TAKING BABY STEPS TO THE TOP–RAISING A FUTURE ADVENTURER
Words and Photos from Kat Englishman
It all started when a few of our good friends and fellow parents began asking my husband and me if our eight-month-old baby girl had fallen asleep in the hiking backpack. They'd ask us eagerly, "Has Filly napped in the pack? Oh man, we loved that stage", to which we'd reply with a somber shake of our head and defeated shrug of our shoulders. No, she hadn't. In fact, she hadn't lasted very long without a meltdown, and I was starting to give up hope that we would be able to take her on a winter hike or mellow ski tour at this age.
Despite my best efforts to stay optimistic, the negative thoughts nagged at me: Was I expecting too much of her? Putting too much pressure on the situation? Hard to say, but as time went by, I couldn't help but wonder if this was a pipe dream for our little family and if we'd simply have to wait until she was older. With those "bigger" objectives on the back burner, we resumed our normal daily walks and short hikes, focused only on enjoying the outdoors together.
As many parents of young ones will tell you, the hardest part is almost always getting out the door. There are steps. So many steps. There are hurdles and obstacles, and setbacks galore. Oh, and there is crying, whining, flailing — general discontentedness around the board. Many times I have come close to losing my sh*t, and I am typically very sweaty and exhausted by the time we finally exit the battlefield that was once our sweet and cozy home. Why is this so hard? Can't say, exactly. It just is. But whatever the weather, I was determined to bundle her up and take her outside every morning so we could start our day with some fresh air and sunshine (pro tip: it leads to a very good nap). It didn't always go smoothly, but as the saying goes, nothing worth doing is ever easy. And after a little while, we kinda, sorta got the hang of this morning routine. Then, one day, we were invited to join our friend and his little girl on a winter hike.
An article from the Harvard Business Review has this to say on the subject of mastering a new skill, "recognize that learning a new skill takes extreme commitment. Unless your goal is attainable and you're prepared to work hard, you won't get very far." As a first-time mother of an amazing and lively baby girl, the amount of new skills I've learned in a very short period of time has, by and large, eclipsed any others I've picked up during my 32 years of life on earth. Have I mastered any of them? Well, it depends on the day. Yet, there's no question that parenting demands the extreme commitment and hard work that HBR claims are necessary for learning a new skill.
As we considered the five-mile hike, poured over trail maps, and discussed all possible outcomes regarding naptime, it struck me that I might actually know what I'm doing. All of the months spent walking our local trails, traveling with her, and taking small outings here and there had accumulated a wealth of knowledge I didn't realize I had. We'd dealt with countless unsuspected messes and tears, eventually learning something new for next time. As I rattled off our packing list (I'll admit, somewhat neurotically), I saw it clearly for the first time: those small and consistent actions had become the basis for the big one. As a culture, we tend to undervalue baby steps, if you will, because they seem unimportant, but oh my, do they matter. The hard work and unwavering dedication to the simple act of getting started are what set the wheels in motion and eventually propel you forward to a place you didn't think you'd be. You don't think about the 5,280 feet in every mile you walk, but you walk them anyway. Sometimes, over and over again. In hindsight, we had done much of the work to prepare for this, and my biggest challenge of the day was to simply trust it would all work out.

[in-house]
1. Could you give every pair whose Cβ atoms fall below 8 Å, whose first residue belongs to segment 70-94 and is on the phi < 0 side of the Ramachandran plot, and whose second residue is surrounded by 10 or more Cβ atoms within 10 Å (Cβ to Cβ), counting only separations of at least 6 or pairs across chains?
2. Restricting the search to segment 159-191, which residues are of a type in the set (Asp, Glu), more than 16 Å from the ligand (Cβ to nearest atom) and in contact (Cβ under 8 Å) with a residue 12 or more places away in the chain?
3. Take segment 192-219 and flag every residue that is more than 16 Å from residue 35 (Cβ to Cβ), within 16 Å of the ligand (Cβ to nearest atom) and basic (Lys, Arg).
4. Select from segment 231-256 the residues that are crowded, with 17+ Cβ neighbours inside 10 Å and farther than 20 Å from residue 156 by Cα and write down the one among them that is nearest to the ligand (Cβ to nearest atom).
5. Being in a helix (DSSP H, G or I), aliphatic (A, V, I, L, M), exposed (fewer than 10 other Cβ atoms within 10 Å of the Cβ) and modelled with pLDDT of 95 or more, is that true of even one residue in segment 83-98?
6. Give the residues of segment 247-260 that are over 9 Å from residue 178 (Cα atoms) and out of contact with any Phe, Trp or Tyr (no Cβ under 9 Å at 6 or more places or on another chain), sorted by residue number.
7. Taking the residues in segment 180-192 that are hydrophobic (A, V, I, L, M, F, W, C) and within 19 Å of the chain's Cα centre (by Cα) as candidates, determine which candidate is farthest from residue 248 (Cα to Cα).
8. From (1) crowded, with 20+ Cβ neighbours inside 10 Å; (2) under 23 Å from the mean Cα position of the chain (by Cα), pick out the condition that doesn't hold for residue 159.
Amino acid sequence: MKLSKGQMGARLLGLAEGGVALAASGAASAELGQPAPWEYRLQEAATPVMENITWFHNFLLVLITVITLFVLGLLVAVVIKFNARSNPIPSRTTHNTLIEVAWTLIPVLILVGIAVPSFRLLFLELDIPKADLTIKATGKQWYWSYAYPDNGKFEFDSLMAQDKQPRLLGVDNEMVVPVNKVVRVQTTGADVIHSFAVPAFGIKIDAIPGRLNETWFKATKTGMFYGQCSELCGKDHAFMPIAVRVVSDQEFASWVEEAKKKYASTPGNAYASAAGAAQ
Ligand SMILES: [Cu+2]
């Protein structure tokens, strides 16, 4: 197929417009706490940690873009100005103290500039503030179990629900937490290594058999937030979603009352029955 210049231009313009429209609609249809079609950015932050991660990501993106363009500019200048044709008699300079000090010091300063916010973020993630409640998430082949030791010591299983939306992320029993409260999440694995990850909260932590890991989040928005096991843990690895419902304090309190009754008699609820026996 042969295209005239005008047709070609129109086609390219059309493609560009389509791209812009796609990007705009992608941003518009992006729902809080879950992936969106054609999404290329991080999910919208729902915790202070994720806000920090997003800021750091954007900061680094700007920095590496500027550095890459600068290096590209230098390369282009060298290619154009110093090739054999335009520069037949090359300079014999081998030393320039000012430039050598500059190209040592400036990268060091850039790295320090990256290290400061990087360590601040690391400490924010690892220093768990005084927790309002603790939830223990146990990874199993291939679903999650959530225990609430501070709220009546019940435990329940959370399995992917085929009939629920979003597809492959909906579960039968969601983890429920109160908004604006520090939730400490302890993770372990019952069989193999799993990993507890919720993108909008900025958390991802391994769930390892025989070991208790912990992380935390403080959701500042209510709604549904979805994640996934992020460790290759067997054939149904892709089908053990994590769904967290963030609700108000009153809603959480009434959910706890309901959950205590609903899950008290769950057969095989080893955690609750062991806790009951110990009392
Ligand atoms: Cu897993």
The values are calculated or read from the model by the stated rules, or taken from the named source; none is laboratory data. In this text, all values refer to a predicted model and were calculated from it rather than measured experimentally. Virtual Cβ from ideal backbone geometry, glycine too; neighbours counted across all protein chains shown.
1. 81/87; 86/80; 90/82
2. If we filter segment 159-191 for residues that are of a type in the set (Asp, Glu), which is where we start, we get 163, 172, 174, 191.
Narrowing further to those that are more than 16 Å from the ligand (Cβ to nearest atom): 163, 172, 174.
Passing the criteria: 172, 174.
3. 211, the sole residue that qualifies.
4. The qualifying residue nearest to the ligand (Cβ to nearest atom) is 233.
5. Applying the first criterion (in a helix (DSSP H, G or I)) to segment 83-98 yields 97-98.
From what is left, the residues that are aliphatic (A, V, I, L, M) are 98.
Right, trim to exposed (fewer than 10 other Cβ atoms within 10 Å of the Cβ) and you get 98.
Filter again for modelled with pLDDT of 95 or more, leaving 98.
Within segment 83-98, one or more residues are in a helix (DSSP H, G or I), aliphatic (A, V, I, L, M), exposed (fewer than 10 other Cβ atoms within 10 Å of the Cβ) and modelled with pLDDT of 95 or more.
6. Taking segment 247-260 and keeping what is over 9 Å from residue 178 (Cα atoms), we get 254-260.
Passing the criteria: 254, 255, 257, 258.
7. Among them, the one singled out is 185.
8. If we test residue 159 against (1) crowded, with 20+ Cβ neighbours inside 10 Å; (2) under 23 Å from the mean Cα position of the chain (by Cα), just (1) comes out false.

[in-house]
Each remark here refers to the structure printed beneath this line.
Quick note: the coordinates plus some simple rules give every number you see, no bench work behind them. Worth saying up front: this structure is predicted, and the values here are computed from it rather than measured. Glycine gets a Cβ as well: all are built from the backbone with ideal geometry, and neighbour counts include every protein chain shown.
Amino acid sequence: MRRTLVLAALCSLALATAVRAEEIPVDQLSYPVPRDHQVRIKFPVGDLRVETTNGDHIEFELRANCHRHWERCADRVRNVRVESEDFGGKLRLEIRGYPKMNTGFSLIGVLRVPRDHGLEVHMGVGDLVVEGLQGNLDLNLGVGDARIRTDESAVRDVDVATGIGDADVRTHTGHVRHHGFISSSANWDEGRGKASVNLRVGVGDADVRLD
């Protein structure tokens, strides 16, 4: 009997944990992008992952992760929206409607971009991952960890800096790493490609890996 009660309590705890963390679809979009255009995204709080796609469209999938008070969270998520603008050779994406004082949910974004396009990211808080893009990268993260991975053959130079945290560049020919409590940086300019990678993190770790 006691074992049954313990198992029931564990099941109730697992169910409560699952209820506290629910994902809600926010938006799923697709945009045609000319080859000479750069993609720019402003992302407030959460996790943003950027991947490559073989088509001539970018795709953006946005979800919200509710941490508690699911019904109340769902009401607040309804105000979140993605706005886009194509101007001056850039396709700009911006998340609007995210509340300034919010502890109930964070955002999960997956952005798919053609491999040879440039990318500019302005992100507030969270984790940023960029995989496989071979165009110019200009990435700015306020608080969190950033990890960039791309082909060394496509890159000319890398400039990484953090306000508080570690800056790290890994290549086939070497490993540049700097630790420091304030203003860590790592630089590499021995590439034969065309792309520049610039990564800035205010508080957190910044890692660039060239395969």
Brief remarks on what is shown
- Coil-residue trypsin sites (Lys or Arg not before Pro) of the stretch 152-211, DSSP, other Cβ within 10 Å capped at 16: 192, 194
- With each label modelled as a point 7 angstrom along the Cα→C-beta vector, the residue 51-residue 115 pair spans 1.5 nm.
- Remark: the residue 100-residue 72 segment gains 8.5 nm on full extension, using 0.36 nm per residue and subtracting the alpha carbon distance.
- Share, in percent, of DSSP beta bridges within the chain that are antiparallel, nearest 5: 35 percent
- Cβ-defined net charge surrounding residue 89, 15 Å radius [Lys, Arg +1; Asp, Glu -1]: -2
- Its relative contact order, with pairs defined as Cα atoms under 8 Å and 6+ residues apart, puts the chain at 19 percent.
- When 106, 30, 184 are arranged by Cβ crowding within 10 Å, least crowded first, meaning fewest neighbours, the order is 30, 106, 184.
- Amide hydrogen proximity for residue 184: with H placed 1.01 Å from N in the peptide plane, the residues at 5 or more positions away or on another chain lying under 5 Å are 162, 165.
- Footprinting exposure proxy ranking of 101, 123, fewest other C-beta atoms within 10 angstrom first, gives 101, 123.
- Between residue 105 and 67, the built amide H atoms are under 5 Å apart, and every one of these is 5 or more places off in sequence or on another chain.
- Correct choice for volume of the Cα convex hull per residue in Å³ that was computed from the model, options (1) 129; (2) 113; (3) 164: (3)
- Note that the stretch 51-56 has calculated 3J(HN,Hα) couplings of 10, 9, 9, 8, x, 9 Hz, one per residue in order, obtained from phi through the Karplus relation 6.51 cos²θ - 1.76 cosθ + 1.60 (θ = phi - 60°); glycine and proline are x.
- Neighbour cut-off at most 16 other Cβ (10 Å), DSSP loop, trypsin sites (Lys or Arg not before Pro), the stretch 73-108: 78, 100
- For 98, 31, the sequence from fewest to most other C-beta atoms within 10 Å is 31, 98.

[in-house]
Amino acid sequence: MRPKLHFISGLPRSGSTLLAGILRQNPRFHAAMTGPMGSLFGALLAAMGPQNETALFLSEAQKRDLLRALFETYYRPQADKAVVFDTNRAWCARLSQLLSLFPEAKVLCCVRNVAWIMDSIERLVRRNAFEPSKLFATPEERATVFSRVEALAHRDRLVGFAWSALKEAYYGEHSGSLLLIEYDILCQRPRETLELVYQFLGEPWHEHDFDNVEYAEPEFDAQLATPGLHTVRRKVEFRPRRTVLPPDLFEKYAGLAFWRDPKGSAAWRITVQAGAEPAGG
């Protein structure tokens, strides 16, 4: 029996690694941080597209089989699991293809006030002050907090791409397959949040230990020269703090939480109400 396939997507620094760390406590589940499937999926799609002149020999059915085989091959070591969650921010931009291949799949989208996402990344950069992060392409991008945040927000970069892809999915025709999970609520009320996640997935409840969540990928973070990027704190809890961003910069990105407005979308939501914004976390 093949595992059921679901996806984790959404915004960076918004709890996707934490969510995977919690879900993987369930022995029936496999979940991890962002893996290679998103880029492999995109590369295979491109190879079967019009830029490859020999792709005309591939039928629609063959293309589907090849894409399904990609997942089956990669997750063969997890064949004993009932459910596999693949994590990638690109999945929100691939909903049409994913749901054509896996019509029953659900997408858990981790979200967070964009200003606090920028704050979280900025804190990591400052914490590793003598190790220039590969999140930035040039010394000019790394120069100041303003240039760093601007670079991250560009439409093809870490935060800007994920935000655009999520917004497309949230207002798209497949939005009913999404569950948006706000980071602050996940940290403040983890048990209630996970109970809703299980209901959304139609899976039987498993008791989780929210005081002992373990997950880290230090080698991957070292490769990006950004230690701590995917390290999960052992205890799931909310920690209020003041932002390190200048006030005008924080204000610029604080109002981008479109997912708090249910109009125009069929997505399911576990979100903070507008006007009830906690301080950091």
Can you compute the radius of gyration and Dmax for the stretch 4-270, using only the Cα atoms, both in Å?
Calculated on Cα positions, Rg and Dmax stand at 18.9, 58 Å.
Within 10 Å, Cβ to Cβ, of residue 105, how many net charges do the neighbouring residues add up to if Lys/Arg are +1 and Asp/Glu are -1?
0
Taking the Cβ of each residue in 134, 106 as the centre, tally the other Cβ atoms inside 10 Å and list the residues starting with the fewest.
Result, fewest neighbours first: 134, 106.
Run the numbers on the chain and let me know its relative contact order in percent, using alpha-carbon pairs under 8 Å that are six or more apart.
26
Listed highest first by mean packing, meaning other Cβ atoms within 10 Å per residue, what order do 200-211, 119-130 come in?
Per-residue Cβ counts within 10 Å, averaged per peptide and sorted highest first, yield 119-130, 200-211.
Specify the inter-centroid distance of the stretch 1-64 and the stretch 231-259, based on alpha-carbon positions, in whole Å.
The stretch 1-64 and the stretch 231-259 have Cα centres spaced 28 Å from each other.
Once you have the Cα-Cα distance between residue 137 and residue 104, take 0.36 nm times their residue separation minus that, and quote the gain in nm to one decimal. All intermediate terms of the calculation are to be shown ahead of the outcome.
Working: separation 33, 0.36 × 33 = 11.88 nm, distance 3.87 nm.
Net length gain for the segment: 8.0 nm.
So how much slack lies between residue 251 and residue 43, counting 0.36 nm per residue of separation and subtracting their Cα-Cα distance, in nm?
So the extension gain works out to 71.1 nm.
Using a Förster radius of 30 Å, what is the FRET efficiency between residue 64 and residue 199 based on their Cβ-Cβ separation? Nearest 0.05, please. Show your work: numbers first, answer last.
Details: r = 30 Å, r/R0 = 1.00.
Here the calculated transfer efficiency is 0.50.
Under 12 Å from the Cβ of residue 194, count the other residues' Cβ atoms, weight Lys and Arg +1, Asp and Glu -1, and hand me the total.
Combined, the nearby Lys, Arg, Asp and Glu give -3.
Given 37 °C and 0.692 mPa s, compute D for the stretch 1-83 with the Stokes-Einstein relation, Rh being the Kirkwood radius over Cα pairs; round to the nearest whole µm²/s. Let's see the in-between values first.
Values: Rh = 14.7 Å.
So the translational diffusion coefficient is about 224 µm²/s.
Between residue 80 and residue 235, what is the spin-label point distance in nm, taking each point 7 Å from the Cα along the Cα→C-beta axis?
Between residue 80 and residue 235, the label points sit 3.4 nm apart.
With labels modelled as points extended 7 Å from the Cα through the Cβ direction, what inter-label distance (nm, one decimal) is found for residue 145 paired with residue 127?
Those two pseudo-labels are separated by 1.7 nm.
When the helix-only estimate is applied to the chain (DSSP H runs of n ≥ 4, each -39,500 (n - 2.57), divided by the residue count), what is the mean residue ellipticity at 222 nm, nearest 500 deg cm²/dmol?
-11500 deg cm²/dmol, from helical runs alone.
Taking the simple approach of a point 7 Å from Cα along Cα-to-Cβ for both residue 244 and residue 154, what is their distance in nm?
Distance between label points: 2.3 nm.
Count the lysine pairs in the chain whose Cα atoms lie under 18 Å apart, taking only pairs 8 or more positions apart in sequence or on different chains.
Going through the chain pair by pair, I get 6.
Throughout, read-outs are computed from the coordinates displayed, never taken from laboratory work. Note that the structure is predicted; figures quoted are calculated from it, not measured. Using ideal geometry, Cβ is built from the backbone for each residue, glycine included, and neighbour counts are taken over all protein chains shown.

Our bags were packed to the gills with gear, including diapers, bottles, 79 extra layers, and whatever else I could think of at the time. It was a bluebird day, and there was plenty of snow on the ground. I trailed behind the guys to keep an eye on Filippa, who looked like a shiny, purple starfish in her nylon down bunting as she hitched a ride on my husband's back. We steadily climbed the Firewarden's Trail to the summit of Pleasant Mountain, where we looked directly into the heart of the White Mountain's majestic Presidential Range and took some time to enjoy some well-deserved snacks and baby giggles.
The late afternoon winter sun was still shining as we descended the small mountain, and I watched calmly as they carefully and deftly traversed the soft snow and patches of ice that had formed on the trail. No longer worrying, I walked alongside our friend Justin, trading thoughts on everything from home building to what is the appropriate amount of screen time for kids, and I began to sense that bittersweet emotion creeping up from the pit of my stomach when a great outdoor adventure comes to close. Things didn't go well that day; they went extraordinarily well and far exceeded my expectations. Yes, I was proud of the effort and time put in to make this very moment possible, but it was releasing my white-knuckled grip on the situation that meant the most and seemed to open up a whole new world of family adventuring.
Deep in conversation and nearing the trailhead, it was then that I saw it: Filly had fallen asleep in her pack.
Katherine Englishman is a writer and yoga teacher based in the beautiful state of Maine. You can find her outside skiing, hiking, biking, or teaching yoga and meditation for the modern yoga student at Waypoints Yoga